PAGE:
But you know how this story goes. The Kaiju War isn’t done with Raleigh. One day his old boss, Marshal Stacker Pentecost, shows up at Raleigh’s worksite. They need him back for one last mission. The big mission: this time they’re taking the fight to the Rift, the undersea dimensional portal from which kaiju are spewed. They’re shutting it down, and Stacker needs Raleigh back, piloting the rebuilt Gipsy Danger.

Of course it isn’t that simple. Humanity has tried destroying the Breach before, but it’s never worked. Pentecost is desperate now, as funding for the Jaeger program has been rescinded and what was once an operation with dozens of giant bots is now down to four mechs. This is the last chance to close that hole - if they can just figure out how to get it done.

That’s the first fifteen minutes or so of Pacific Rim. What follows is a profoundly epic story that also manages to stay profoundly human, as the remaining pilots and support staff of the Jaeger program overcome their differences and their issues to stand up and save the world. It’s a square-jawed, straight arrow sort of story where even the hot-headed young Aussie pilot who tussles with Raleigh - he sees the older pilot as the sort of wash-out who has doomed the program - is, at heart, a hero.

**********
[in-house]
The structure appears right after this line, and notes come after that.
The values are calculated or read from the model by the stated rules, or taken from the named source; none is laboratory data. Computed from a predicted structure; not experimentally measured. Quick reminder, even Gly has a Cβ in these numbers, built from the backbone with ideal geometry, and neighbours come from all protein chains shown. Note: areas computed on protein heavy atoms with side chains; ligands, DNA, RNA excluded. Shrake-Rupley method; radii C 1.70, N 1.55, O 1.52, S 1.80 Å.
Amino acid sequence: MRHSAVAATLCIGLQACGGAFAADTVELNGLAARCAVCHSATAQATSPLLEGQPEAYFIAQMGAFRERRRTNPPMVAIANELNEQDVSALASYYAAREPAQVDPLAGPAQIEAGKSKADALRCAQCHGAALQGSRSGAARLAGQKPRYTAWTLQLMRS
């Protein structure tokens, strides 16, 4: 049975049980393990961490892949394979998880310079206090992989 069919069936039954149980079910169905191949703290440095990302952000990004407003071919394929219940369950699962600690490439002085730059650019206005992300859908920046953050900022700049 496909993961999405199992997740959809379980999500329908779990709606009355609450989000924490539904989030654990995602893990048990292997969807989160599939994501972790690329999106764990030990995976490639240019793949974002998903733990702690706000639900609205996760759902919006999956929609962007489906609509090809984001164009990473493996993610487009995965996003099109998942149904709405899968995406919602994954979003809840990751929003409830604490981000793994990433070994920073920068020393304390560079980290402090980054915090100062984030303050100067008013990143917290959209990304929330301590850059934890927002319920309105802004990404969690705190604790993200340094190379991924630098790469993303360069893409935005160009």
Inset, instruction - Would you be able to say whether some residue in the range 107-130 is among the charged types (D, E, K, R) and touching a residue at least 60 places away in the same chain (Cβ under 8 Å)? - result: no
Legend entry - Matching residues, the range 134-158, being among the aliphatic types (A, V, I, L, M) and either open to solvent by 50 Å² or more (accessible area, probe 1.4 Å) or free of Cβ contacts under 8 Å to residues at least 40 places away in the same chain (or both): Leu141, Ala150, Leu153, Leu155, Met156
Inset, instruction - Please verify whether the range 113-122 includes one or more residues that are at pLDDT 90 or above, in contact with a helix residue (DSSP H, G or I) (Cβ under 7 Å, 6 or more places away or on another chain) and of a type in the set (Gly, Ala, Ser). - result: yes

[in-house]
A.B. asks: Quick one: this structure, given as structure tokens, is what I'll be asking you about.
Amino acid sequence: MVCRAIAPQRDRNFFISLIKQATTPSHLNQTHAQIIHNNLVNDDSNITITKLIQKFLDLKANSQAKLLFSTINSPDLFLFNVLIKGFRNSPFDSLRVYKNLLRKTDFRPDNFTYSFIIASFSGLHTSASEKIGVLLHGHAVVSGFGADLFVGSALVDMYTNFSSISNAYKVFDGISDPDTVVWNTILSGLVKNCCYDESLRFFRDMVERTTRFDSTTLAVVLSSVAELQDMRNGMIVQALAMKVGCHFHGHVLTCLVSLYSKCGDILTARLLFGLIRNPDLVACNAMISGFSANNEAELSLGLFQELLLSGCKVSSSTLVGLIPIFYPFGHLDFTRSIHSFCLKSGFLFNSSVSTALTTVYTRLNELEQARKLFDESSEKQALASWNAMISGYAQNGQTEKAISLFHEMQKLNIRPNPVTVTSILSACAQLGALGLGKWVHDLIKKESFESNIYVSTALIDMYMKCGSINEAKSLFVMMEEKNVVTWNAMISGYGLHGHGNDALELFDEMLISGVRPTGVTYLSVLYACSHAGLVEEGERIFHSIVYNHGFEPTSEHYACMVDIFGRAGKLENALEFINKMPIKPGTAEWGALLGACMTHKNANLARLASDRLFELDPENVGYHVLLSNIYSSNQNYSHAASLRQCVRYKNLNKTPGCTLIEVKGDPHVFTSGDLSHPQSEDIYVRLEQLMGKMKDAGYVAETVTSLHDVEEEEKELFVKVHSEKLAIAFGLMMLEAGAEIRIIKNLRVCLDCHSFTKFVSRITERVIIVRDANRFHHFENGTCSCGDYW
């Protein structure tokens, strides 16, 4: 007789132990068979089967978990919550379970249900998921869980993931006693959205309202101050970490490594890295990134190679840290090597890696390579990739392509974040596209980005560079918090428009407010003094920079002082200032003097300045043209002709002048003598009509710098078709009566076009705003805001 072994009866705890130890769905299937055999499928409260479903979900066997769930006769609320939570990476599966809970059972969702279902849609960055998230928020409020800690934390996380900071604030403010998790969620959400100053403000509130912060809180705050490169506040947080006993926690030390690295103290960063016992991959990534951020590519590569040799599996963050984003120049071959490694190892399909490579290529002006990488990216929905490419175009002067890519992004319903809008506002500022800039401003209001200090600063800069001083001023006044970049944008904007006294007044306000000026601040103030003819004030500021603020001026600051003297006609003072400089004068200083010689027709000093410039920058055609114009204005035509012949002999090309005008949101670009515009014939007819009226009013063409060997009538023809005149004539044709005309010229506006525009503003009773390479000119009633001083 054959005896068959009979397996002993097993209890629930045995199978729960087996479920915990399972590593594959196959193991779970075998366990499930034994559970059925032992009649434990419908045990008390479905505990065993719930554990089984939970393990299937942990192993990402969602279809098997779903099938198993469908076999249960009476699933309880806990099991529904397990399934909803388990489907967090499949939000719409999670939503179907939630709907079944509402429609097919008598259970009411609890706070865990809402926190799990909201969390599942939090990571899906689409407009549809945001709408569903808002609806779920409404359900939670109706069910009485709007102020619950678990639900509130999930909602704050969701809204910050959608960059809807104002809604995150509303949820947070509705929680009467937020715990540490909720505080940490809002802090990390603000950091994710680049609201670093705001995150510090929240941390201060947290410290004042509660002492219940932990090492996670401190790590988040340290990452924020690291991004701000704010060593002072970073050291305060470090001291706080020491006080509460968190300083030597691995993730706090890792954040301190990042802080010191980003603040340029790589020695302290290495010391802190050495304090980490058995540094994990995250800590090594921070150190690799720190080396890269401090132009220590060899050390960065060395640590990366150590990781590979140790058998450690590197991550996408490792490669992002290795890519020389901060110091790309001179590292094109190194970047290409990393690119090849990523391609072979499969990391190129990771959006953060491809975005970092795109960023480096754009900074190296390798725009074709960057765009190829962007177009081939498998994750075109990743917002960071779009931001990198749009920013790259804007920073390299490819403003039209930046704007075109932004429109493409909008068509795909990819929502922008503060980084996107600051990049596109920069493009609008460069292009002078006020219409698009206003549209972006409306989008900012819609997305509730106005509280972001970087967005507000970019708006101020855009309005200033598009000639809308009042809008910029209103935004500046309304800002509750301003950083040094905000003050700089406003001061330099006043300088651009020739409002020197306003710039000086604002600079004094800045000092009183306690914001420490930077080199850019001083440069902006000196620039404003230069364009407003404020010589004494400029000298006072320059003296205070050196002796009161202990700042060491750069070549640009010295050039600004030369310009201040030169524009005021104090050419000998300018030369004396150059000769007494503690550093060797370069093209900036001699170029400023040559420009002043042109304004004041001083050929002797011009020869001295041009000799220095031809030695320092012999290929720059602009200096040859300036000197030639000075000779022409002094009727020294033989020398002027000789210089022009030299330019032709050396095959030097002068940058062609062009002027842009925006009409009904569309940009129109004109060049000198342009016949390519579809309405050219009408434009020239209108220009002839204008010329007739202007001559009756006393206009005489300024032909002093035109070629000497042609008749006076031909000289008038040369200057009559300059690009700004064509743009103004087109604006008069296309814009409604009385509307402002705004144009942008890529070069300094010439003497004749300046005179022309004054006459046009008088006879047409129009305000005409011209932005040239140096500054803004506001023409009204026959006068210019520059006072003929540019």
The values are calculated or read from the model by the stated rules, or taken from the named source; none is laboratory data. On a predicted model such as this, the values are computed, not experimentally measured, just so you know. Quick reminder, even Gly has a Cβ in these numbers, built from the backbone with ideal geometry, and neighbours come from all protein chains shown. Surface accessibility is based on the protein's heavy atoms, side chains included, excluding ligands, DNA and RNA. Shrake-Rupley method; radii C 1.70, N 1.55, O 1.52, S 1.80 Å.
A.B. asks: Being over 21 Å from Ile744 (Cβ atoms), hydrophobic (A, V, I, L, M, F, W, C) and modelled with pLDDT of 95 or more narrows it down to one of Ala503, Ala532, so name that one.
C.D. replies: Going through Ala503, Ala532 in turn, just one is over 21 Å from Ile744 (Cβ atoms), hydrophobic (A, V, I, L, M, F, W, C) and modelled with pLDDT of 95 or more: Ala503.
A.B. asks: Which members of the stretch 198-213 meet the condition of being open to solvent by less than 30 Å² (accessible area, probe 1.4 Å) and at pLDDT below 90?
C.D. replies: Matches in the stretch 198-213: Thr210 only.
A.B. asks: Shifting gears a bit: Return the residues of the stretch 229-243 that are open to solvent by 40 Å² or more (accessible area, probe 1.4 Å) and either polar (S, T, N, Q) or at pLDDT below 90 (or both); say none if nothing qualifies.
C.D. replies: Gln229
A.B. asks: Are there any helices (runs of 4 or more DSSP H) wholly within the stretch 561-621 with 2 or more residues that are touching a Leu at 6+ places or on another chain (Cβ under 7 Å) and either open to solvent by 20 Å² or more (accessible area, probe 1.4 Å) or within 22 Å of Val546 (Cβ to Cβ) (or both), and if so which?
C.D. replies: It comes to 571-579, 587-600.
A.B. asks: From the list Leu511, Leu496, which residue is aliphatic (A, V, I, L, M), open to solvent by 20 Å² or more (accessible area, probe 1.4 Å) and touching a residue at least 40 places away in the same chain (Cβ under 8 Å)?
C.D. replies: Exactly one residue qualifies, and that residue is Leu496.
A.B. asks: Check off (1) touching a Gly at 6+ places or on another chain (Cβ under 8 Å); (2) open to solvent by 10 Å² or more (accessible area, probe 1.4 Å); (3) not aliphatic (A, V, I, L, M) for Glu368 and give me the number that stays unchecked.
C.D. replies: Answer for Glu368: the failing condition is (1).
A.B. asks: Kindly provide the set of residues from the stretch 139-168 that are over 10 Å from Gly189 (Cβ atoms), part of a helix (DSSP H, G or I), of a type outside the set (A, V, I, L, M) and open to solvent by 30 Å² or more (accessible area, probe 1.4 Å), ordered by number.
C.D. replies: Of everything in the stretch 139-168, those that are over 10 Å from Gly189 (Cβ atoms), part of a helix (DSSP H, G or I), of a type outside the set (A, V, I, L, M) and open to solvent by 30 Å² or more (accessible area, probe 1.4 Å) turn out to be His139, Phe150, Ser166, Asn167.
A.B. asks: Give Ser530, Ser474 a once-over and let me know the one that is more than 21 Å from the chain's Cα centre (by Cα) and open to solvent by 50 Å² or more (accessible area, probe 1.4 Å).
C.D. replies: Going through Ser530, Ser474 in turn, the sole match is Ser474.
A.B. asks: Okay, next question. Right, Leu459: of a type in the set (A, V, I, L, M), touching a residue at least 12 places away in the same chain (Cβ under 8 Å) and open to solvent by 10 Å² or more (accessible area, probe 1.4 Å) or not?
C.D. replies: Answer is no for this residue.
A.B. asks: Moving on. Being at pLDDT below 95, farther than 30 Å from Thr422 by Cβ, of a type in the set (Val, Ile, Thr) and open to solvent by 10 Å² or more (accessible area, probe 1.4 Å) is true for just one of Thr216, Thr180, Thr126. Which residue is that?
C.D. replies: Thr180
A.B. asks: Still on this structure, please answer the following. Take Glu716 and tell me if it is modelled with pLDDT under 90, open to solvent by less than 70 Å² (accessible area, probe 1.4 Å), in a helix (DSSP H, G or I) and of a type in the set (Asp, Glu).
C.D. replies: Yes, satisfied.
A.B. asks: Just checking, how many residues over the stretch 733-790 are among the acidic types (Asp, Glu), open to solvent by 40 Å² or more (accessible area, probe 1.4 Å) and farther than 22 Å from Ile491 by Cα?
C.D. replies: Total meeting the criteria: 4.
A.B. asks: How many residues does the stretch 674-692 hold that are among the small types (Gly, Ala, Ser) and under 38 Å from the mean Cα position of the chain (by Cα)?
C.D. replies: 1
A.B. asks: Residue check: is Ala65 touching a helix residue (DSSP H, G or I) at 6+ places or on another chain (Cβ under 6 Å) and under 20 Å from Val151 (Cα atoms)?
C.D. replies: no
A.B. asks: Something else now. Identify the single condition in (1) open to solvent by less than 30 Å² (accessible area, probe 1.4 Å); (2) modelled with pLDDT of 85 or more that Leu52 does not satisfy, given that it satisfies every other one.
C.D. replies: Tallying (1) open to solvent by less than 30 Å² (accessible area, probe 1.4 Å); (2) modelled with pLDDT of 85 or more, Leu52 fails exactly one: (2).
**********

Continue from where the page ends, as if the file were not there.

Guillermo del Toro has achieved a feat of world building unseen on movie screens since Star Wars. This is a rich, full, detailed universe that lives at the very corner of the frame. Pacific Rim is set in the kind of fully realized world where you believe if the camera went down a different corridor or street, you would find a rich story populated with fascinating characters. There are sequences in Pacific Rim that have the same depth of construction as the Mos Eisley cantina scene in Star Wars, that have the sense of a place that existed before the camera turned on and will continue existing after our heroes have moved along.